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Eliminate Censorship in NASCAR Video Games
Petition Background (Preamble):
California Penal Code 308.5:
(a) No person or business shall sell, lease, rent, or provide, or offer to sell, lease, rent, or otherwise offer to the public or to public establishments in this state, any video game intended for either private use or for use in a public establishment and intended primarily for use by any person under the age of 18 years, which contains, in its design and in the on-screen presentation of the video game, any paid commercial advertisement of alcoholic beverage or tobacco product containers or other forms of consumer packaging, particular brand names, trademarks, or copyrighted slogans of alcoholic beverages or tobacco products.
(b) As used in this section, "video game" means any electronic amusement device that utilizes a computer, microprocessor, or similar electronic circuitry and its own cathode ray tube, or is designed to be used with a television set or a monitor, that interacts with the user of the device.
(c) A violation of this section is a misdemeanor.
As reasonable as this law may seem at a glance to some parties, it creates a very unreasonable restriction on games which are produced within the abilities of the NASCAR (National Association for Stock Car Auto Racing) license. During every NASCAR broadcast, viewers bear witness to a variety of alcohol and tobacco related advertising in the form of Rusty Wallace's Miller Lite car, Dale Earnhardt Junior's Budweiser car, and most apparent, the name of the two main circuits of NASCAR, the Winston Cup (cigarette company) and the Busch Grand National (beer company). It would only seem logical that a video game that is licensed under NASCAR would be permitted to portray NASCAR in as realistic a manner as technology would allow. However, California Penal Code 308.5 forbids this.
This is actually a second double standard: A minor can view said controversial sponsorships (in addition to numerous others) in any given NASCAR race (one quarter of which are broadcast on a national non-cable network, NBC), however to represent the same in a video game in an effort to exude realism in what has been deemed a family-safe sport is forbidden. There should be no argument it is safe to conclude that if one plays a NASCAR video game, there is a very good chance that one has watched at least one NASCAR race on television. If the viewer/player was going to be influenced by alcohol or cigarette advertisements had they been in the game, is it not also safe to say that that person would have already been influenced by watching the race on television? In addition to this, the responsibility for keeping cigarettes and alcohol out of the hands of minors lies primarily on the vendors of these products. Secondary to the vendors, it is the responsibility of the parents or guardians of the minors to educate them on the dangers of alcohol and tobacco. If both of these "lines of defense" fail, all of the censorship in the world won't strip children of the ability to become consumers of these otherwise legal health threats.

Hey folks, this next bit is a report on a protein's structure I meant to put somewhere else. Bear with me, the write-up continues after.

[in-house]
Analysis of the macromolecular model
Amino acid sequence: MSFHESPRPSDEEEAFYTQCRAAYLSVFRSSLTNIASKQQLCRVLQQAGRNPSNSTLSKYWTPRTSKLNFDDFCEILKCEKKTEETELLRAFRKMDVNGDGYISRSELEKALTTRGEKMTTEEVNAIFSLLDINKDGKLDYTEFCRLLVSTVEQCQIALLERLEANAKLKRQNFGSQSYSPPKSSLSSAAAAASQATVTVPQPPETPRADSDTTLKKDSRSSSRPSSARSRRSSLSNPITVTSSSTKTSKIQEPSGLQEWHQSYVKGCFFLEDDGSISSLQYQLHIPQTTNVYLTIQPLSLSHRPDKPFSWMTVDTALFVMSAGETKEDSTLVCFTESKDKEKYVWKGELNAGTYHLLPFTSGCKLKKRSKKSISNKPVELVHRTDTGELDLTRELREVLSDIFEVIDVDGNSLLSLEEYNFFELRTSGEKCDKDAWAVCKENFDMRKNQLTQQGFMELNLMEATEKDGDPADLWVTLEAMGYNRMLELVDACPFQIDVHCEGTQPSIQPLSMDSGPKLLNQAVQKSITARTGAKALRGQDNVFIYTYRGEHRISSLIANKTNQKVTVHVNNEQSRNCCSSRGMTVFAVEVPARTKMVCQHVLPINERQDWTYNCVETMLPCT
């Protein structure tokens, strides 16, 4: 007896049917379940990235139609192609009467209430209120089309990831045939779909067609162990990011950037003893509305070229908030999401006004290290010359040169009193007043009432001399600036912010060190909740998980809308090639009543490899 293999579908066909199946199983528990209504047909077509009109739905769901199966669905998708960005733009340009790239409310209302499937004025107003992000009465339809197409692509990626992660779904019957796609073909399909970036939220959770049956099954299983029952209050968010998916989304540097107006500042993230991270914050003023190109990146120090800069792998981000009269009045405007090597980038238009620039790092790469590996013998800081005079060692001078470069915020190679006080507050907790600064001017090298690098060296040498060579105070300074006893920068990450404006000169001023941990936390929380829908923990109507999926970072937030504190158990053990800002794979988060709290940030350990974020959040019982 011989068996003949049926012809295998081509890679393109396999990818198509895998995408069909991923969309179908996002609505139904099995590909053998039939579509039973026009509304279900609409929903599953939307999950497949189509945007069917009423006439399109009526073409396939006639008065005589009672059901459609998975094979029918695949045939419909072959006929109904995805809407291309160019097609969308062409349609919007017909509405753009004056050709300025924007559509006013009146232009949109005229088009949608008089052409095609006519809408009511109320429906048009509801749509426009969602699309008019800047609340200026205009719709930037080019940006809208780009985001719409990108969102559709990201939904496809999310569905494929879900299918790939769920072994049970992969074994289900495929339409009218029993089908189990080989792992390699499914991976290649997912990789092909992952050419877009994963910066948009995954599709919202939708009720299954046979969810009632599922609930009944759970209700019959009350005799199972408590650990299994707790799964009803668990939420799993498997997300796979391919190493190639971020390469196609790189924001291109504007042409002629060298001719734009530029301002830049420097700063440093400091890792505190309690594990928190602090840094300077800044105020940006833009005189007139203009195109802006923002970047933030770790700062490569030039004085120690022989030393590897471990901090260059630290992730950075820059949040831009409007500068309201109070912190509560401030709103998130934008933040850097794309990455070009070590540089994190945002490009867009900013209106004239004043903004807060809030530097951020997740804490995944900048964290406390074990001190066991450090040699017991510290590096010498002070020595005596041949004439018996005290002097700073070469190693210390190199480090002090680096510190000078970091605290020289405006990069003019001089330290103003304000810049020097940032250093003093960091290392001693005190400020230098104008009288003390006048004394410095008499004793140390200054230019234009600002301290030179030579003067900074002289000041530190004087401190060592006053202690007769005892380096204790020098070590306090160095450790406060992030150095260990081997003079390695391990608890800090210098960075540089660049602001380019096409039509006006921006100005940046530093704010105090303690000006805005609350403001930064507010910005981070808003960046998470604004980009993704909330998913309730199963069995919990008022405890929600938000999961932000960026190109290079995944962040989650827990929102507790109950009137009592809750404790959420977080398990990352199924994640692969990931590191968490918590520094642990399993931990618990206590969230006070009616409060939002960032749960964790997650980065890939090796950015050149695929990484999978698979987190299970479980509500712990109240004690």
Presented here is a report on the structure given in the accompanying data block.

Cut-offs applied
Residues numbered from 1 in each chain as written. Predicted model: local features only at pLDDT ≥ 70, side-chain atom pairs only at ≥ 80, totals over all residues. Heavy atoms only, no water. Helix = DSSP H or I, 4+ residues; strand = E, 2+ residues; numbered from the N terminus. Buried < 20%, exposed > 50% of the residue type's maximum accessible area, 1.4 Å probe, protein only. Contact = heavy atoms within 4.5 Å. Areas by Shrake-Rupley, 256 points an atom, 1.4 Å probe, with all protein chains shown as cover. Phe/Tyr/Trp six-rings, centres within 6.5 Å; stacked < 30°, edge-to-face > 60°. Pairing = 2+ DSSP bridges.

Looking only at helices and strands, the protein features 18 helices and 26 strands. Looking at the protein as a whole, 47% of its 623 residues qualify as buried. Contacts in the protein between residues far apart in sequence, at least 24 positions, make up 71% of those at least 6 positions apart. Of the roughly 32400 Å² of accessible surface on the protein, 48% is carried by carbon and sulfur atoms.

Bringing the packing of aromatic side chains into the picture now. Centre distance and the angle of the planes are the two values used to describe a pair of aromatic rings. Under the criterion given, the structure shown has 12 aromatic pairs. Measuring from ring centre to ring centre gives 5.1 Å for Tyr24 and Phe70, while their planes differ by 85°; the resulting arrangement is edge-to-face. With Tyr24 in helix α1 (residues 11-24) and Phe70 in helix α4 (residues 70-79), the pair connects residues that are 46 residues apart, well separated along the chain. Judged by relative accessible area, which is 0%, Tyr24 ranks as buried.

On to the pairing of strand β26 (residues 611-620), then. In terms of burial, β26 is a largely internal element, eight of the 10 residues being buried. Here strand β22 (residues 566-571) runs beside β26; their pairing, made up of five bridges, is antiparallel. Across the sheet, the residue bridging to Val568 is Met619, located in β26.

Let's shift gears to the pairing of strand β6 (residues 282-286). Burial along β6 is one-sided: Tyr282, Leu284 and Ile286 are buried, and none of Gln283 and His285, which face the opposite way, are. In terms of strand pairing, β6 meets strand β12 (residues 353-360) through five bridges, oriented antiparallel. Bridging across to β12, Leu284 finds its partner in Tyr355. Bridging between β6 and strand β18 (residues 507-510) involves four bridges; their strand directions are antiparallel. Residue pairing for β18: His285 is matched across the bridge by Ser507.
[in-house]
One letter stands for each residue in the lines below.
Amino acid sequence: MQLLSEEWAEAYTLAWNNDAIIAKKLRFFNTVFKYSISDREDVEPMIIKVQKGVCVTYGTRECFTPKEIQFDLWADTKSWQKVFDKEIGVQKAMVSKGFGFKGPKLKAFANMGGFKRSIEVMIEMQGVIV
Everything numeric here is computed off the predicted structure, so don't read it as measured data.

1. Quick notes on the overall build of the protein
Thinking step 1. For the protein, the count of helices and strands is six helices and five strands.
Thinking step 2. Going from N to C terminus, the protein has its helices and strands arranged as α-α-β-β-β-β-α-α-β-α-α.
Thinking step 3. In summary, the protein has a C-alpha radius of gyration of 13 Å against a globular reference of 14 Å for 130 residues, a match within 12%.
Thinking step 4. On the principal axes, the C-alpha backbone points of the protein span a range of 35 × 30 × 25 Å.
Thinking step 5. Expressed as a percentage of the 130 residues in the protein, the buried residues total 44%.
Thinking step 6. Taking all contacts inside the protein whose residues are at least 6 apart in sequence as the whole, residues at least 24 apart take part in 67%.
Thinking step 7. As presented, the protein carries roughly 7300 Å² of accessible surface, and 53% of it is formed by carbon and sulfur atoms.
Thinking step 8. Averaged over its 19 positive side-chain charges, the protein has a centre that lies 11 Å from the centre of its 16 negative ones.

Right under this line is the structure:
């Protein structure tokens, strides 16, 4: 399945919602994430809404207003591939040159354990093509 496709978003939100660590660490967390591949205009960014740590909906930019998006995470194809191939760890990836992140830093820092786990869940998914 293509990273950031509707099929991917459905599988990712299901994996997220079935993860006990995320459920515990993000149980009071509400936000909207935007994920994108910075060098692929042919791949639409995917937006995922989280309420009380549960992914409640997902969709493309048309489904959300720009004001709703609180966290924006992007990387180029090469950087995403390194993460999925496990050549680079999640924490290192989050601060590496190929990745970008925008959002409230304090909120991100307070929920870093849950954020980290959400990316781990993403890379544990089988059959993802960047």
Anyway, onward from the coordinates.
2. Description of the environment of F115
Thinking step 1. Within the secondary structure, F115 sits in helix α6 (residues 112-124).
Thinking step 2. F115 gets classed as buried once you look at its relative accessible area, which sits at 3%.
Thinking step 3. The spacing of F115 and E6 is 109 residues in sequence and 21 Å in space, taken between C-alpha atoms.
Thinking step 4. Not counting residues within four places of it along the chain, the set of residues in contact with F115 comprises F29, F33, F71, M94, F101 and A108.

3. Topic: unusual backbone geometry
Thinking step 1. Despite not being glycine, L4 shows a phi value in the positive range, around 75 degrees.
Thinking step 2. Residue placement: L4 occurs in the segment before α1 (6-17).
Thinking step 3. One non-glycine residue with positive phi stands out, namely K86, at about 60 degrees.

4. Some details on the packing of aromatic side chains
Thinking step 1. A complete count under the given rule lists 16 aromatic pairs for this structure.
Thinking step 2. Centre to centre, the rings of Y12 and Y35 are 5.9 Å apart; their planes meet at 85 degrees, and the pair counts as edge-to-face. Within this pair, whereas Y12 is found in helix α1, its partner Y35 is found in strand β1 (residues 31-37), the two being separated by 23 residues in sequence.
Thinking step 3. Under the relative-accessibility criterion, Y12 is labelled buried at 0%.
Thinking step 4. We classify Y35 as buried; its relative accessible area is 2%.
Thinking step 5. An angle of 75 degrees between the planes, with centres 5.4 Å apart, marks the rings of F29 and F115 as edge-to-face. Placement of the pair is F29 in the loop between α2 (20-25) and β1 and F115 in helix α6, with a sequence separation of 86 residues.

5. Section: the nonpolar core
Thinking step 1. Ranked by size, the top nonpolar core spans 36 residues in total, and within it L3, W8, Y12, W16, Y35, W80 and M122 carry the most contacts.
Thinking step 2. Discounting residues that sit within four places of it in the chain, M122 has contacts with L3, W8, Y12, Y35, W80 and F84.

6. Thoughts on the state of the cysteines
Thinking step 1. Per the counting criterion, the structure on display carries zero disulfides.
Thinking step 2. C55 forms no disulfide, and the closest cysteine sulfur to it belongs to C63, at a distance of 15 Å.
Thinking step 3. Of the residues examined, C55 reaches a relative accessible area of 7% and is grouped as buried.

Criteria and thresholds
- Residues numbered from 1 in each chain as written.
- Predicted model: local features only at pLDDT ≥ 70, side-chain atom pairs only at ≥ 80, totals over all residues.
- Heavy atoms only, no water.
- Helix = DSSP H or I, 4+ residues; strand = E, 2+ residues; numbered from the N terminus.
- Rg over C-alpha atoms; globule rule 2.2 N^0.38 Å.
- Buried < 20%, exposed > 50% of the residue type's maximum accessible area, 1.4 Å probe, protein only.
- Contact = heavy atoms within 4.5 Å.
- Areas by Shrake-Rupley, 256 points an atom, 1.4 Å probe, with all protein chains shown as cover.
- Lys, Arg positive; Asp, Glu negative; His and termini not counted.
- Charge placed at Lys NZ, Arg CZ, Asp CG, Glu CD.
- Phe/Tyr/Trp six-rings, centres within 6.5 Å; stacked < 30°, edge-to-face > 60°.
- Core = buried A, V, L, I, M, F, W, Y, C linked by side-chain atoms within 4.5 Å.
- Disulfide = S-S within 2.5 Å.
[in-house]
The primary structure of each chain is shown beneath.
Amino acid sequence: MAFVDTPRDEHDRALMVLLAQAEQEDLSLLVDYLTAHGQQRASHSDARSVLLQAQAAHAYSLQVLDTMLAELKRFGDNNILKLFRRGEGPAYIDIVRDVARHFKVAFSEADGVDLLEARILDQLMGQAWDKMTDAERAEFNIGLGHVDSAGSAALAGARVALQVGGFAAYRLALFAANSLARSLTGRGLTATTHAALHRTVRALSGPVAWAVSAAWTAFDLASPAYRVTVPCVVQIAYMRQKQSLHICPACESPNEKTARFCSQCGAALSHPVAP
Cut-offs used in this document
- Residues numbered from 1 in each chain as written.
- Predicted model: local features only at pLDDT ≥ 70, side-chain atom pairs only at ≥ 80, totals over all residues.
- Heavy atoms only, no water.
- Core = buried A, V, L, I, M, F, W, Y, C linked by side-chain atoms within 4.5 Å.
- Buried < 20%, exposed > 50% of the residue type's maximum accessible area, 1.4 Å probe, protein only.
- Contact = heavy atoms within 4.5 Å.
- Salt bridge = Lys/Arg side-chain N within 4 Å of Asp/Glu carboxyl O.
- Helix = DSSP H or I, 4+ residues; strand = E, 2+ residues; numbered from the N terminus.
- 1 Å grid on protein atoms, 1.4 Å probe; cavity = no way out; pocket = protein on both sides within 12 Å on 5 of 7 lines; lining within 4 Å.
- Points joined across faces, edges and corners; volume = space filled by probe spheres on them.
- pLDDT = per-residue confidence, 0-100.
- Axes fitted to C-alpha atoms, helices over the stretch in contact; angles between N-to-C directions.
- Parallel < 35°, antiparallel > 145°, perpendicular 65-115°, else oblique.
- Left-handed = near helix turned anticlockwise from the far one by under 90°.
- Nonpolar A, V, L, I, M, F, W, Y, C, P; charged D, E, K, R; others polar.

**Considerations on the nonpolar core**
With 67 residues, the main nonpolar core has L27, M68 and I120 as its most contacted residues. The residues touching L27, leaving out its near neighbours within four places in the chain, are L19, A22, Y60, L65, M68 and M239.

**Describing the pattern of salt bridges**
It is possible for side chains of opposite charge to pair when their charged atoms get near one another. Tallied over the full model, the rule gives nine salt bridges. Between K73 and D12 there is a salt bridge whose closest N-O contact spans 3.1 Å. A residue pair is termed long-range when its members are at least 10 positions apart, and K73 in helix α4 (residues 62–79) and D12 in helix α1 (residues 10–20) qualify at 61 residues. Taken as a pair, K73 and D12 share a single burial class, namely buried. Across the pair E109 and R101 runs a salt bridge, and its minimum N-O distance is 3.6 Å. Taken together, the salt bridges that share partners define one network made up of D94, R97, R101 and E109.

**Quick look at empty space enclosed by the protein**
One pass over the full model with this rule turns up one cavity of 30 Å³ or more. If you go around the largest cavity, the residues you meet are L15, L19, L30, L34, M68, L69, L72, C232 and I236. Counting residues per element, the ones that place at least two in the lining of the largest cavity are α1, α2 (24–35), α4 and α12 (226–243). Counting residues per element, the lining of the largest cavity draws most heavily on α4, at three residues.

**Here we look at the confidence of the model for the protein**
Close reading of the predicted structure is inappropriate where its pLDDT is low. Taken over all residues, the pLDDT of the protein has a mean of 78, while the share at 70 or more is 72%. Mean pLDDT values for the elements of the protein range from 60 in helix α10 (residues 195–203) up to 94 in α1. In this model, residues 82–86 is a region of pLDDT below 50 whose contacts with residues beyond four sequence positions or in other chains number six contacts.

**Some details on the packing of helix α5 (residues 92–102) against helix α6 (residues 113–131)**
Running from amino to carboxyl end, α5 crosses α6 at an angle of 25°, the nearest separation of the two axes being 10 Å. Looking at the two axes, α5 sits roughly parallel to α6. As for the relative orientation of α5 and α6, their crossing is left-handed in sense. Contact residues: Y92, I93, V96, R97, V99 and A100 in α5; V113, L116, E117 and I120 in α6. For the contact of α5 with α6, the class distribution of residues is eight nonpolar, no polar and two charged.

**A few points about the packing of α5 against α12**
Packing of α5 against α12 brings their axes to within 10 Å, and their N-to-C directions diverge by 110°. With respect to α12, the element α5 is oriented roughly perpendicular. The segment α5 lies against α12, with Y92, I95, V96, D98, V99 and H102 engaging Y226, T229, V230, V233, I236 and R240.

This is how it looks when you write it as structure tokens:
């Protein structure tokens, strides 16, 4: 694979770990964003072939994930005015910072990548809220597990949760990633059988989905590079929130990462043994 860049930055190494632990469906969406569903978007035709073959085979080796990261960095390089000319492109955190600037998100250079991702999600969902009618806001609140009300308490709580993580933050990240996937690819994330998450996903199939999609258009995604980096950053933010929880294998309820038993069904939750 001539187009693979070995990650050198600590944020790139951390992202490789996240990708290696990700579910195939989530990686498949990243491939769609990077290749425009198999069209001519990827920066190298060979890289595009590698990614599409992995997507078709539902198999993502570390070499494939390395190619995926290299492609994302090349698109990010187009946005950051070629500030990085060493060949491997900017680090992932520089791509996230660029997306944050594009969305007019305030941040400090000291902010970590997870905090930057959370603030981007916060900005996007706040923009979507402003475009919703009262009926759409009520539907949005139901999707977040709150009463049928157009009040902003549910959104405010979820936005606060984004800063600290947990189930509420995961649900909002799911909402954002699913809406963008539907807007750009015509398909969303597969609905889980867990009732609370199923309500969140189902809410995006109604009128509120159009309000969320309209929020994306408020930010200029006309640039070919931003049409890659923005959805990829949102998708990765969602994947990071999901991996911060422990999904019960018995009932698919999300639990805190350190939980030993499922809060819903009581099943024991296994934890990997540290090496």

1) does not contribute to the sale or use of any tobacco or alcohol-related products by any person under the age of 18 years and
2) increases the level of realism, hence enjoyment, of such video games.
The Eliminate Censorship in NASCAR Video Games petition to United States of America was written by Kirk Karanza and is in the category Sports at GoPetition. Contact author here. Petition tags: video, nascar, alcohol, tobacco, games, person, television, public, related, california, national, products, cigarette, advertising, company, broadcast, addition, minors, vendors, responsibility, advertisements, realism, i